Out of wood slats, vinyl tubing connectors, staples, plastic sheets, zipties, and LEDs, I have built a hemisphere, six-feet in diameter and three-feet tall. I worried that the wood structure would be too floppy. The sphere does flex into a range of lumpy egg shapes, but it is strong enough. The punch-through cells do prevent light from bleeding into adjacent cells.
Trouble is, the sphere is too dim. When I prototyped a 10-cell face, I checked that the light did diffuse evenly across each cell without a central dark spot, but I did not check that the cells were bright enough. For these Sphere cells, I have stretched the available photons too thin. A previous 5-foot Square art pieces contains 144 LEDs for 25 in2 / LED. This 6-foot Hemisphere has just 72 LEDs for 226 in2 / LED. The lights in the Hemisphere need to stretch across 10x more area than in a Square. “If you build it, they will come.” If I build a dim blob, no one will see it. I’m not sure how to brighten the Sphere.
I can double the LEDs to put two lights in each cell. To add an additional light, I would need to rip out the current white-plastic cell walls and put in new ones that have two punch holes. I would also need to spend a day soldering a second strand of lights. Placing the second light closer to the surface of the fabric would make diffuse the second light less and make it much more glaringly visible. Tom suggests avoiding this second-LED route.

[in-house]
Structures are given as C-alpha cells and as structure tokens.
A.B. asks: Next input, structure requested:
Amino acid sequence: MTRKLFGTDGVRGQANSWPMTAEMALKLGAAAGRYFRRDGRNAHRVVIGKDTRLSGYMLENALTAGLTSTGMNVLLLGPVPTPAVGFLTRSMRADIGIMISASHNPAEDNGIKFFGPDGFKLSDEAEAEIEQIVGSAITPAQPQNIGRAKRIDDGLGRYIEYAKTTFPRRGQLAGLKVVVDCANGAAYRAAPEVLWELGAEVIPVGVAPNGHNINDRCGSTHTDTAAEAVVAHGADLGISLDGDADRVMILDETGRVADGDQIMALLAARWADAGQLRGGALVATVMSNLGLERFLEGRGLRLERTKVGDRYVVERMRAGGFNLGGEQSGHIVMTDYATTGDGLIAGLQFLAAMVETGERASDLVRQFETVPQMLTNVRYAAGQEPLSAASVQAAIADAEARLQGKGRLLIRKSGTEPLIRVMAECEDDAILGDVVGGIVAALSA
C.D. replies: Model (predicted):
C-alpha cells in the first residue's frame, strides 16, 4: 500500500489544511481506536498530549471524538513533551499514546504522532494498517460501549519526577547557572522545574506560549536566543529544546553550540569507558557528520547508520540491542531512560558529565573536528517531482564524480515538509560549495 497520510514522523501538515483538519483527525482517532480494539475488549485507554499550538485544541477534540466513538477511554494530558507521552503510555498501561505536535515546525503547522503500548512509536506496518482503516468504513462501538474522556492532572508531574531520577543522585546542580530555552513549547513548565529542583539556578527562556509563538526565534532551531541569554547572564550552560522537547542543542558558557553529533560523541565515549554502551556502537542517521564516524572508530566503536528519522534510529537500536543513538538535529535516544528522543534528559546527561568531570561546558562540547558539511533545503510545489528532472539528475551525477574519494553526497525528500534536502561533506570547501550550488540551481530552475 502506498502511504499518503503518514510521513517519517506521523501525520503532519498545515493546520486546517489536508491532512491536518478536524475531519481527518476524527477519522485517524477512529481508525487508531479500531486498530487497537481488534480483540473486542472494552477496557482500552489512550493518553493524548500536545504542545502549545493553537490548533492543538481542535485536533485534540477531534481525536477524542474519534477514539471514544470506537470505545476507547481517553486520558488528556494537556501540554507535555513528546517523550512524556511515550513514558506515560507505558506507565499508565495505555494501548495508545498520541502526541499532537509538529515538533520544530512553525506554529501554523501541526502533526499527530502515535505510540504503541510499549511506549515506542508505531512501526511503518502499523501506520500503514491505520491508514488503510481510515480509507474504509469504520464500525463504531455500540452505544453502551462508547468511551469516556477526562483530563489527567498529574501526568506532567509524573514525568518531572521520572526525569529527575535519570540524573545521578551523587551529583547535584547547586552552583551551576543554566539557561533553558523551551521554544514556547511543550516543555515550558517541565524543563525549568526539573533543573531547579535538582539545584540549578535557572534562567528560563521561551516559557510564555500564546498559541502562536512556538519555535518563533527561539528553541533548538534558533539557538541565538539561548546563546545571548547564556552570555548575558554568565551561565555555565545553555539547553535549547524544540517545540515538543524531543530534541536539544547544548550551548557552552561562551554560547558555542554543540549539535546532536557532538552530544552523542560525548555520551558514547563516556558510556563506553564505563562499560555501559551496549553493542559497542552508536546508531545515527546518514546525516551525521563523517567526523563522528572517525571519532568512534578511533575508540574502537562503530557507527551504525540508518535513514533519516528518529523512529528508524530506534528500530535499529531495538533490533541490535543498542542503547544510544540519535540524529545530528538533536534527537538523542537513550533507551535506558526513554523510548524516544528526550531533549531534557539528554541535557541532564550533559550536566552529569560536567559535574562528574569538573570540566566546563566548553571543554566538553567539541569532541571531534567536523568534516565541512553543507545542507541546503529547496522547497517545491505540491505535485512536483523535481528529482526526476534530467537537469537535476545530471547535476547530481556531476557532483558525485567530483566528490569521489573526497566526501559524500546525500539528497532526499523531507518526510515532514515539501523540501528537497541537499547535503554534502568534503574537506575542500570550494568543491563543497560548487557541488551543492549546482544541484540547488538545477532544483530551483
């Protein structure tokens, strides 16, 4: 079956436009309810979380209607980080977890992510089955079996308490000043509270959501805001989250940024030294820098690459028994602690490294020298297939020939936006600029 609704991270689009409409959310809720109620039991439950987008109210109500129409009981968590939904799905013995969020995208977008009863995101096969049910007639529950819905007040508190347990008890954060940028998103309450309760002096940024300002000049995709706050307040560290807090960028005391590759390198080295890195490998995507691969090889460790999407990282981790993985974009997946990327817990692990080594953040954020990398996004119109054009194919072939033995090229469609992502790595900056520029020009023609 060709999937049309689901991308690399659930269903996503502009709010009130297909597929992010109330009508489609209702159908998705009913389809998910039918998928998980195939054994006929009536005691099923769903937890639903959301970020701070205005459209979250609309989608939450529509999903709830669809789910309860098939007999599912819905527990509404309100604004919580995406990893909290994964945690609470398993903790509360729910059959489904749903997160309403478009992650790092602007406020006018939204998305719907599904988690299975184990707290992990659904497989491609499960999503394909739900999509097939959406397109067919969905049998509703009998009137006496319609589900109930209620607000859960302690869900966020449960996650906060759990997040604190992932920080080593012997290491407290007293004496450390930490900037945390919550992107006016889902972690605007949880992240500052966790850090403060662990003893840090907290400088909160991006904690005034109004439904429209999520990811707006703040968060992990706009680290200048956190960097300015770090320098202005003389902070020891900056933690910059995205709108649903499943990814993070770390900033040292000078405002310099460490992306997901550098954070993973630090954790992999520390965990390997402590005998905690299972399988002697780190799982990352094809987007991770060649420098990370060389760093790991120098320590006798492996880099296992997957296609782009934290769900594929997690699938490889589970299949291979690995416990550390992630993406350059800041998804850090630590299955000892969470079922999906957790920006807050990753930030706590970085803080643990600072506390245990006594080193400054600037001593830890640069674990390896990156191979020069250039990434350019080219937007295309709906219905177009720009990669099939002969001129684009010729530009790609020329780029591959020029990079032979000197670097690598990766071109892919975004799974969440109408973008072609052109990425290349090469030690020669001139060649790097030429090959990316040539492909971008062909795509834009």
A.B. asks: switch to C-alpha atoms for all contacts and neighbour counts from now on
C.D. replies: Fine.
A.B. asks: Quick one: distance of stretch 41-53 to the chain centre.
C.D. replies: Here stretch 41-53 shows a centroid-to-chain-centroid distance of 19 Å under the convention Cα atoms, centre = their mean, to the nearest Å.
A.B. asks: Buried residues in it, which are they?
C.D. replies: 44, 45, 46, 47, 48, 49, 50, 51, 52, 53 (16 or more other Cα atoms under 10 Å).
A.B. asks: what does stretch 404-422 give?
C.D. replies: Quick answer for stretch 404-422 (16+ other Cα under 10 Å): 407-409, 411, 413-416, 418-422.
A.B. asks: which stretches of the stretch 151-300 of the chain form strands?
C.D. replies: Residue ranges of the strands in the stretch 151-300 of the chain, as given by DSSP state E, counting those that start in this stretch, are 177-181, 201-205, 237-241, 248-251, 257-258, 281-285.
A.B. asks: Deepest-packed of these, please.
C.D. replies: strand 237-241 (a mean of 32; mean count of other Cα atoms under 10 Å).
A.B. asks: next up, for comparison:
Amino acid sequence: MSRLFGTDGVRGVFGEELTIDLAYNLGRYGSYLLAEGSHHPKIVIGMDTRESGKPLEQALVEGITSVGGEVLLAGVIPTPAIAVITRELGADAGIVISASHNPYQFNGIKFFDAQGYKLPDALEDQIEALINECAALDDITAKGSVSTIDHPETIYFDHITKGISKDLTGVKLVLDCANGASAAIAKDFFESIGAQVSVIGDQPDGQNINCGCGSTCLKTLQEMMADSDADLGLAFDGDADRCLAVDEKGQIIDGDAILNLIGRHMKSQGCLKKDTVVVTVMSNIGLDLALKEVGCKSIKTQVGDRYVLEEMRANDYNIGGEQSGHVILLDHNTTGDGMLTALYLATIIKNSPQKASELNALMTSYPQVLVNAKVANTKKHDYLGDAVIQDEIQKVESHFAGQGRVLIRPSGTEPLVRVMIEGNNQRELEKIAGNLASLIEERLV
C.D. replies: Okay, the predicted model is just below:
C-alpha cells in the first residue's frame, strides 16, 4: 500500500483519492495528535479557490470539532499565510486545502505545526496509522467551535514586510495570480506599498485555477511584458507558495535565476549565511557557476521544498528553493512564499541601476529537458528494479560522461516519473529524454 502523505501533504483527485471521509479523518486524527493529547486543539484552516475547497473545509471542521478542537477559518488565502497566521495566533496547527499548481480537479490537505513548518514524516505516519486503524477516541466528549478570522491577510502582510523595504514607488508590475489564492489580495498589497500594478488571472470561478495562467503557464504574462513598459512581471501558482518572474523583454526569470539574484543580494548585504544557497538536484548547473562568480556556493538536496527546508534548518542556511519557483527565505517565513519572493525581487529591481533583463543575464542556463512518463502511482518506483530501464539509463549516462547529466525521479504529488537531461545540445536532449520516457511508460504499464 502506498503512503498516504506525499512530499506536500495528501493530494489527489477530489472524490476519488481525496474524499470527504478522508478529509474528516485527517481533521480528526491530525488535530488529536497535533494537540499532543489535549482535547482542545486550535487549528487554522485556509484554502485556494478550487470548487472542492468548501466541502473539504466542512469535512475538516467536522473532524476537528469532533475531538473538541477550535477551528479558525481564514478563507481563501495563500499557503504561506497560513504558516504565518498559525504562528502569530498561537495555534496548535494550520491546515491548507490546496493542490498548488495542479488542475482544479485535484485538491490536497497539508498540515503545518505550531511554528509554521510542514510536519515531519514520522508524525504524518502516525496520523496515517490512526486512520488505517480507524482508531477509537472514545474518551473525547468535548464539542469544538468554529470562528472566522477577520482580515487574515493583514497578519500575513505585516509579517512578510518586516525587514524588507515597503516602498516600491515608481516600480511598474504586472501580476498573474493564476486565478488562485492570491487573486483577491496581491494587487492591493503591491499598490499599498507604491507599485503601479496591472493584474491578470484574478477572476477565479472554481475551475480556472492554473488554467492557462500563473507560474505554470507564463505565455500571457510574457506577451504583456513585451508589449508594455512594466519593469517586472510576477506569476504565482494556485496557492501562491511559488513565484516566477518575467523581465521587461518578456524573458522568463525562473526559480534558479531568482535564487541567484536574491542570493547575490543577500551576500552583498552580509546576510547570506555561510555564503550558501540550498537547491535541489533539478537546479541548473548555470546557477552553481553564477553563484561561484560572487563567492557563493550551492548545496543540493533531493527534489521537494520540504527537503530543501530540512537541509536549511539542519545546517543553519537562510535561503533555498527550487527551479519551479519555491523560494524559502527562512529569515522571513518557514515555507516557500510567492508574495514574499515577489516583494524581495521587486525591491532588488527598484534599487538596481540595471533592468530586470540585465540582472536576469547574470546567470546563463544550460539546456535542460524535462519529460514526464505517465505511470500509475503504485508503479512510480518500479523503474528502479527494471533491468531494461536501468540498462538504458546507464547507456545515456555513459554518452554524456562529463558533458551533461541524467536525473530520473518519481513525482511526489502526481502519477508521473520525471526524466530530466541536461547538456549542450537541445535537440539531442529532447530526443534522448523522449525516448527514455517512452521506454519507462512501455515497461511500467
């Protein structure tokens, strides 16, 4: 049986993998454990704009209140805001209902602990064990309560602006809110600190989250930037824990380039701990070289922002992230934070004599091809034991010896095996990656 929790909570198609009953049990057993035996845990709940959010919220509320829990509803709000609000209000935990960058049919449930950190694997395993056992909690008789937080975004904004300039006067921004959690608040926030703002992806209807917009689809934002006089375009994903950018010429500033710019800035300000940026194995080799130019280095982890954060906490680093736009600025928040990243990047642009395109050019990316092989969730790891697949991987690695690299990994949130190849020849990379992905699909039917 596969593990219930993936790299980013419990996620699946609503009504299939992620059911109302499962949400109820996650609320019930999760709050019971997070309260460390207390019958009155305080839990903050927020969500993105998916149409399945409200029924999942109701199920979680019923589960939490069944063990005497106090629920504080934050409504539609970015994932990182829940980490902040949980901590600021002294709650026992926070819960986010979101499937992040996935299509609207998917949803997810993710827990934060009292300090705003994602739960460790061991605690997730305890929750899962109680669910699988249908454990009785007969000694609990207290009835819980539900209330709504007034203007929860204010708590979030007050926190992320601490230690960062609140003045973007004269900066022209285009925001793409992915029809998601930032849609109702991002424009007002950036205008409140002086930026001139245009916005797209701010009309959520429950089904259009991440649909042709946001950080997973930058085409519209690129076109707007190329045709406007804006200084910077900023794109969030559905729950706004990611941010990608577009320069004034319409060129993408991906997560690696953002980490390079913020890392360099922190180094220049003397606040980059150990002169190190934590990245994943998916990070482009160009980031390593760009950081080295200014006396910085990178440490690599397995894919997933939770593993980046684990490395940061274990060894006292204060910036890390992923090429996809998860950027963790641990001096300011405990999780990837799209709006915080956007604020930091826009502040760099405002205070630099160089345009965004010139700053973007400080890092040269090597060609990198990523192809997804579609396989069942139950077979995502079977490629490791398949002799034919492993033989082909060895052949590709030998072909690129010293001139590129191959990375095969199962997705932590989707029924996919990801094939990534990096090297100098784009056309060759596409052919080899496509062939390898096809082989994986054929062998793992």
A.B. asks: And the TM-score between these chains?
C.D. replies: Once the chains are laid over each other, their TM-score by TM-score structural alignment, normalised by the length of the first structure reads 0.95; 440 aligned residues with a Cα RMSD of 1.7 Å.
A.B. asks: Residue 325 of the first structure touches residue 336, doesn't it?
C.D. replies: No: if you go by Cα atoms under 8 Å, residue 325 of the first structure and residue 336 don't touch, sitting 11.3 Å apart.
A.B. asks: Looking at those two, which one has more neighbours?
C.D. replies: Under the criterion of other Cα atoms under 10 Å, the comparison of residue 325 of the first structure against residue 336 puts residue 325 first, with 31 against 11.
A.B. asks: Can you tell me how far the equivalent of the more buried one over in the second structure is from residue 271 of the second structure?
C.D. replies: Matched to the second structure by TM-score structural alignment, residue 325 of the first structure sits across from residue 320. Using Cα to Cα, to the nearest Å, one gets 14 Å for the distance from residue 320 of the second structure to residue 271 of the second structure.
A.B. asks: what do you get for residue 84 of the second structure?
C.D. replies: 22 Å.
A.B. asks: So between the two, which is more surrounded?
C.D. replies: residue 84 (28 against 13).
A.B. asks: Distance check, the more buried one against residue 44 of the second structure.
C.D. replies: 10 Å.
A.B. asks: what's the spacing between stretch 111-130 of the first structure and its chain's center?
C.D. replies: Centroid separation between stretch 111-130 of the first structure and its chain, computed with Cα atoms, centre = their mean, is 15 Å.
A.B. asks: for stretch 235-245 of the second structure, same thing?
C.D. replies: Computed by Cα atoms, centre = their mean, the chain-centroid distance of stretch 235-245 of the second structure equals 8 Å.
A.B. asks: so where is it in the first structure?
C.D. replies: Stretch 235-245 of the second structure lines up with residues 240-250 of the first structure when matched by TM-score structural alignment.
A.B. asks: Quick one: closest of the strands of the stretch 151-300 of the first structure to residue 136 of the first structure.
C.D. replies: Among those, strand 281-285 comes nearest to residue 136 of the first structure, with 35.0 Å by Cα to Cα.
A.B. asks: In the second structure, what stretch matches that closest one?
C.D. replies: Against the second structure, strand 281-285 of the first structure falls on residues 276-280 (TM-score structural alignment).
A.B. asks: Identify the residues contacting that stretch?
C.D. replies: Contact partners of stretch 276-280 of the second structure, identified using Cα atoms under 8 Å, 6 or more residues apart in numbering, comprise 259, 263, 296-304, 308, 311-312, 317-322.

I could cut down the size of each cell. Currently the lights are arranged in a hub and spoke geometry with ten lights each around six hubs (with another six hubs planned for the lower hemisphere). Reducing the cell size does keep the angles the same, so I can keep the lights affixed as they are in each hub. However, I would have to free each ten-cell daisy, cut every cell shorter and reattach. My spidey sense suggests that I can double the brightness by halving each triangle area by every 31% reduction in length (1 – 1/sqrt(2)).
For a third possibility, I could try to reflect as much light that hits the sides and bottom of each cell back up to the top fabric. All of my previous pieces are two-sided (and two dimensional). The side-mounted LED illuminates the front and back faces allowing the pieces to be hung as screens. If I forego inside illumination of the Sphere, I may be able to salvage 50% of the light. I could put reflective tape on the cell walls. I would need 30 inches of tape per cell for 60 cells, requiring 150 feet or 50 yards of likely-expensive metallic tape (actually not expensive as reflective tape is used frequently in construction). I could use a silver reflective fabric for the inside cover of the Sphere. Although this reflective route could be the most expensive fix of the three pathways, it might be the least laborious.
I cling to the mantras of my engineering god, Thomas T. Landers. First, “prototype.” I’ll tape up one cell and back it with shiny silver spandex to assess whether either the taping or the reflective backing dramatically improves light collection. Second, “Like I always say, if it was easy someone would have done it already.” I may have a Sphere roommate residing in my living room for quite awhile.